Fighting offensive language on social media with unsupervised text style transfer
Online social media has become one of the most important ways to communicate and exchange ideas. Unfortunately, the discourse is often crippled by abusive language that can have damaging effects on social media users. For instance, a recent survey by YouGov.uk discovered that, among the information employers can find online about job candidates, aggressive or offensive language is the most professionally damaging social media activity. Online social media networks normally deal with the offensive language problem by simply filtering out a post when it is flagged as offensive.
In the paper "Fighting Offensive Language on Social Media with Unsupervised Text Style Transfer," which was presented in the 56th Annual Meeting of the Association for Computational Linguistics (ACL 2018), we introduce a completely new approach to tackle this problem. Our approach uses unsupervised text style transfer to translate offensive sentences into corresponding non-offensive forms. To the best of our knowledge, all previous work addressing the problem of offensive language on social media has focused on text classification only. Those methods can thus be used mainly to flag and filter out the offensive content, but our proposed approach goes one step forward and produces an alternative non-offensive version of the content. This has two potential benefits for users of social media. For those users who plan to post an offensive message, receiving an alert that the content is offensive and will be blocked, along with a more polite version of the message that can be posted, might encourage them to change their minds and avoid the profanity. Additionally, for users consuming online content, this allows them to still see and understand the message but in a non-offensive and polite tone.
An architecture for replacing offensive language
Our method is based on the now popular encoder-decoder neural network architecture, which is the state-of-the-art approach for machine translation. In machine translation, the training of encoder-decoder neural network assumes the existence of a "Rosetta Stone" where the same text is written in both the source and target languages. This paired data enables developers to easily determine whether a system translates correctly and therefore train an encoder-decoder system to do well. Unfortunately, unlike machine translation, as far as we know, there exists no dataset of paired data available for the case of offensive to non-offensive sentences. Moreover, the transferred text must use a vocabulary that is common in a particular application domain. Therefore, unsupervised methods that do not use paired data are needed to perform this task.
We proposed an unsupervised text style transfer approach made up of three main components, each given a separate task during training. One (an RNN encoder) parses an offensive sentence and compresses the most relevant information into a real valued vector. This is read by another component (an RNN decoder), which generates a new sentence that is the translated version of the original one. The translated sentence is then evaluated by the third component (a CNN classifier) to identify whether the output has been correctly translated from the offensive style into non-offensive one. Additionally, the generated sentence is also "back-translated" from non-offensive to offensive and compared to the original sentence to check if the content was preserved. If the results of any of the above evaluations contain errors, the system is adjusted accordingly. The encoder and decoder are also, in parallel, trained using an autoencoding setup where the objective consists in reconstructing the input sentence. We also use the attention mechanism which helps to ensure content preservation. Our main contribution in terms of architecture is the combined use of a collaborative classifier, attention, and back-transfer.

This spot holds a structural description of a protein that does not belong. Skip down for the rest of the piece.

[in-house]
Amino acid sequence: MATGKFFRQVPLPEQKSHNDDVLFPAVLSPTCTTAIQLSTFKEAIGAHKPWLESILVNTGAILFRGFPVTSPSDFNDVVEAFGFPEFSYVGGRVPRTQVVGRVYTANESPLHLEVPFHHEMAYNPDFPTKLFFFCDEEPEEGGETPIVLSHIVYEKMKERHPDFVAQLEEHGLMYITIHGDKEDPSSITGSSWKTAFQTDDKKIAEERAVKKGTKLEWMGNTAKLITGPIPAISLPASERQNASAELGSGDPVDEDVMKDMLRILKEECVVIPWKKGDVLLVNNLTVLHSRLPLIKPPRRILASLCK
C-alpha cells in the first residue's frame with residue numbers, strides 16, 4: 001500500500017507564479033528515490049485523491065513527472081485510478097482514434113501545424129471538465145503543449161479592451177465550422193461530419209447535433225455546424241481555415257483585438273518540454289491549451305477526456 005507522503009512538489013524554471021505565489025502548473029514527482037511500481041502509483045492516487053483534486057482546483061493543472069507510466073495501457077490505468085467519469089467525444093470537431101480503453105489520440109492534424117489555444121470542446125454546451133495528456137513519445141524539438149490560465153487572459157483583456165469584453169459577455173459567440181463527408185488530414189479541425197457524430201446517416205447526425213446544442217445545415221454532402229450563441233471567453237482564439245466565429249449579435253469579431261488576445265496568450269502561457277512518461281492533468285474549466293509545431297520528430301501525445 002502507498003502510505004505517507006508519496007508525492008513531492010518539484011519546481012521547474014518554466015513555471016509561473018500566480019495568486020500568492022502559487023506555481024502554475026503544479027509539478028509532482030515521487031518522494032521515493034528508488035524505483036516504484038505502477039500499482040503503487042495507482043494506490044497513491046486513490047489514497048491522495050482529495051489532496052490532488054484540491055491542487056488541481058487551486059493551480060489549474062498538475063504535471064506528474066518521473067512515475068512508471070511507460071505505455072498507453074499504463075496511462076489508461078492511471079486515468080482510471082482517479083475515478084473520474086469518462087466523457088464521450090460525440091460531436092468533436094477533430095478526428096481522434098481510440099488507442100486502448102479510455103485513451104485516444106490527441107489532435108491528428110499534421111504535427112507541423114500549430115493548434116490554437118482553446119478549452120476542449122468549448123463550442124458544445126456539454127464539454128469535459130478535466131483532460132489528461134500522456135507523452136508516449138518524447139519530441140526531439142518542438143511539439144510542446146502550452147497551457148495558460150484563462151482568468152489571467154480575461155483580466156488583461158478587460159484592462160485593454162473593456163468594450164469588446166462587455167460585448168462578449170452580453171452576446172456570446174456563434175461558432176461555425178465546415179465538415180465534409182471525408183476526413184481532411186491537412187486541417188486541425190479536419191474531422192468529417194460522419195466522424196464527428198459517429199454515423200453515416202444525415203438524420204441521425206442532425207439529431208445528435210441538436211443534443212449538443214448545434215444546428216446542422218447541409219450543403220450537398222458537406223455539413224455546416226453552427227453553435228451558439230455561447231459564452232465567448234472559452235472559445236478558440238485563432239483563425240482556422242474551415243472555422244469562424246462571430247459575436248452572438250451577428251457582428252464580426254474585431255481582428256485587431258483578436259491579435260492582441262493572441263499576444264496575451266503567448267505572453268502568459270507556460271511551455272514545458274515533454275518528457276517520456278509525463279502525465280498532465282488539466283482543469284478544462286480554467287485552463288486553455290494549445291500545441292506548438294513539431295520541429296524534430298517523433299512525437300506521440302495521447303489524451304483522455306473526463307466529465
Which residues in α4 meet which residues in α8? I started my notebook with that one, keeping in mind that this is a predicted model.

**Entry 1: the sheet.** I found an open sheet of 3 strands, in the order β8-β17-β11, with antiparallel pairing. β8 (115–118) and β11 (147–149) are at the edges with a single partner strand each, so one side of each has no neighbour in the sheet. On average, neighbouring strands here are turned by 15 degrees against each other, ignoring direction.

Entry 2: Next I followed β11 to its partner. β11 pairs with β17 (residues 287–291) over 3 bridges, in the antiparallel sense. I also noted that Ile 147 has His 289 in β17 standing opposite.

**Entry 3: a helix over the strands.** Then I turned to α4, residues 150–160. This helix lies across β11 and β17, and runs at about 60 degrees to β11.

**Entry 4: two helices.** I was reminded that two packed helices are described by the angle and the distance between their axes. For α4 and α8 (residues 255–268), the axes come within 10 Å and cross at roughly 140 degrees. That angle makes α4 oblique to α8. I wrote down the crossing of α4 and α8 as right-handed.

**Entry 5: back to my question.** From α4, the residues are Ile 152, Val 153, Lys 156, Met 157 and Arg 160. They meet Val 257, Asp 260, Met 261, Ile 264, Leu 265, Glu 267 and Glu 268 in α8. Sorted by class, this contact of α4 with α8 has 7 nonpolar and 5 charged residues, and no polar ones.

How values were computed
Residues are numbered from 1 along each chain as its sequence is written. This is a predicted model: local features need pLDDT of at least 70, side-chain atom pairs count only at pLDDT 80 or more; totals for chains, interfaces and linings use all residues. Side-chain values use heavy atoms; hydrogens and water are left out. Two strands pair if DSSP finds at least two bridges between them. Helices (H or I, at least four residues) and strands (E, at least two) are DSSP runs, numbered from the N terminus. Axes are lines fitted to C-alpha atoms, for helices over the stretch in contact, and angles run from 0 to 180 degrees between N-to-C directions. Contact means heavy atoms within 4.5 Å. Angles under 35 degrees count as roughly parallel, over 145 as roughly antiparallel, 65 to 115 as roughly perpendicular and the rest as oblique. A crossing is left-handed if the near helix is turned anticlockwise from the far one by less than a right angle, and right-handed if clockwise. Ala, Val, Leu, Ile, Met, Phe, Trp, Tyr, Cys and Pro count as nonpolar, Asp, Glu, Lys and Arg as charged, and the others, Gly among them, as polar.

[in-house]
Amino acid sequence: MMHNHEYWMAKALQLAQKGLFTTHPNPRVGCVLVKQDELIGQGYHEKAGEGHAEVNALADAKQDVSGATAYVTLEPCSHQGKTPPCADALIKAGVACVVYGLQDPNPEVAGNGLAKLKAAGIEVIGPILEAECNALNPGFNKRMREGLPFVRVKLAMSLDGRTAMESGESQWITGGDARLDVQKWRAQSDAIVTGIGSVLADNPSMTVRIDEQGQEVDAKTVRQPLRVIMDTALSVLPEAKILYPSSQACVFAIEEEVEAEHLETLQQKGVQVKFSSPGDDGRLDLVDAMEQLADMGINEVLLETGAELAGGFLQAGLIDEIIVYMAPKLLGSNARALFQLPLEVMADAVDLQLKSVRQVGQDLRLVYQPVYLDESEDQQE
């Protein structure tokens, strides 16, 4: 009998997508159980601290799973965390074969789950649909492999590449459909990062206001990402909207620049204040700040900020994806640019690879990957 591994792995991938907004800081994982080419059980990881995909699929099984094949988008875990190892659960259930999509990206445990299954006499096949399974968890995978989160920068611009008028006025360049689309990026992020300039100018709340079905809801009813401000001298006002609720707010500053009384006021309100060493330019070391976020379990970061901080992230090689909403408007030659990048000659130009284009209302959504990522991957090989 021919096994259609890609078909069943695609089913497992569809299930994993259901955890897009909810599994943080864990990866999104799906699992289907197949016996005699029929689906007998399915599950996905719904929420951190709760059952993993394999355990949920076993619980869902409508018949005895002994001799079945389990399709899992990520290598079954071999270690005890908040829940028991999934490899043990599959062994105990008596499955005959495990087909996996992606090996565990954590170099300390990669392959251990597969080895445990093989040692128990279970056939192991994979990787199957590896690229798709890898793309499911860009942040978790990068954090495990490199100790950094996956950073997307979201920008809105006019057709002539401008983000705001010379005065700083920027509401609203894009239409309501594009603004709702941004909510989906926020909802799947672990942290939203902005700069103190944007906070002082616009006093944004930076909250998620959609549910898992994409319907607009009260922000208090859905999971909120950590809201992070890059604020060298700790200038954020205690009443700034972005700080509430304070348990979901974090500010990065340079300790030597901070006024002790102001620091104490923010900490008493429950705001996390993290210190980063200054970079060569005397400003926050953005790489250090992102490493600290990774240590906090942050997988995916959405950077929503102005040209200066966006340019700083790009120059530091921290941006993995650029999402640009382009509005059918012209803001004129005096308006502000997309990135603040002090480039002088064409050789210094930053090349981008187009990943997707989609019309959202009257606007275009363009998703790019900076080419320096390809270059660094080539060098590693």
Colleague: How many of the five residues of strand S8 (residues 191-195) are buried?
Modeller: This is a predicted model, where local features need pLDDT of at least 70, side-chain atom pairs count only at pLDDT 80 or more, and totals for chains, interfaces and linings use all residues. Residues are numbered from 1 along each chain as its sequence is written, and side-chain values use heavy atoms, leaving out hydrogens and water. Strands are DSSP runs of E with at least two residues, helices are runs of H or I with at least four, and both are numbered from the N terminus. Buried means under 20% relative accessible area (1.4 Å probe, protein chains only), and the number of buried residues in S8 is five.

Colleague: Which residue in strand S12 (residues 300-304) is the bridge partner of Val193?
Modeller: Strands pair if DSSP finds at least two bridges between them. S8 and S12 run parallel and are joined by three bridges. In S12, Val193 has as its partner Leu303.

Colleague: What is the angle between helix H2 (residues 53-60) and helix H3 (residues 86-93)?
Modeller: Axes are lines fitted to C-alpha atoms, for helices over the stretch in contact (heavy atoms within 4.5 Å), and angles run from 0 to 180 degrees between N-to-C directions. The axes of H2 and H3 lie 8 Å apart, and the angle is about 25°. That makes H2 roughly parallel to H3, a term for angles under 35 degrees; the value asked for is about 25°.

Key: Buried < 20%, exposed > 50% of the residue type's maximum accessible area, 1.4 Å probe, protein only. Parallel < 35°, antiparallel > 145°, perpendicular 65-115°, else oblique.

Translating offensive language
We tested our proposed method using data from two popular social media networks: Twitter and Reddit. We created datasets of offensive and non-offensive texts by classifying approximately 10 million posts using an offensive language classifier proposed by Davidson et al. (2017). The following table shows examples of original offensive sentences and the non-offensive translations generated by a text style transfer method proposed by Shen et al. (2017) and by our approach. Our system demonstrated better performance at translating offensive sentences into non-offensive ones while preserving the overall content but sometimes produces odd sentences.
This work is a first step in the direction of a new promising approach for fighting abusive posts on social media. Unsupervised text style transfer is a research area that has just started to see some promising results. Our work is a good proof of concept that current unsupervised text style transfer methods can be applied to useful tasks. However, it is important to note that current unsupervised text style transfer approaches can only handle well the cases where the offensive language problem is lexical (such as the examples shown in the table) and can be solved by changing or removing a few words. The models we used will not be effective in cases of implicit bias where ordinarily inoffensive words are used offensively.
We believe that improved versions of the proposed method, together with the use of much larger volumes of training data, will be able to cope with other abusive posts such as posts containing hate speech, racism, and sexism. We imagine that our method could be used to improve conversational AI, by ensuring that chatbots that learn by interacting with users online will not later reproduce offensive language and hate speech. Parental control is another potential use of the proposed system.
This story is republished courtesy of IBM Research.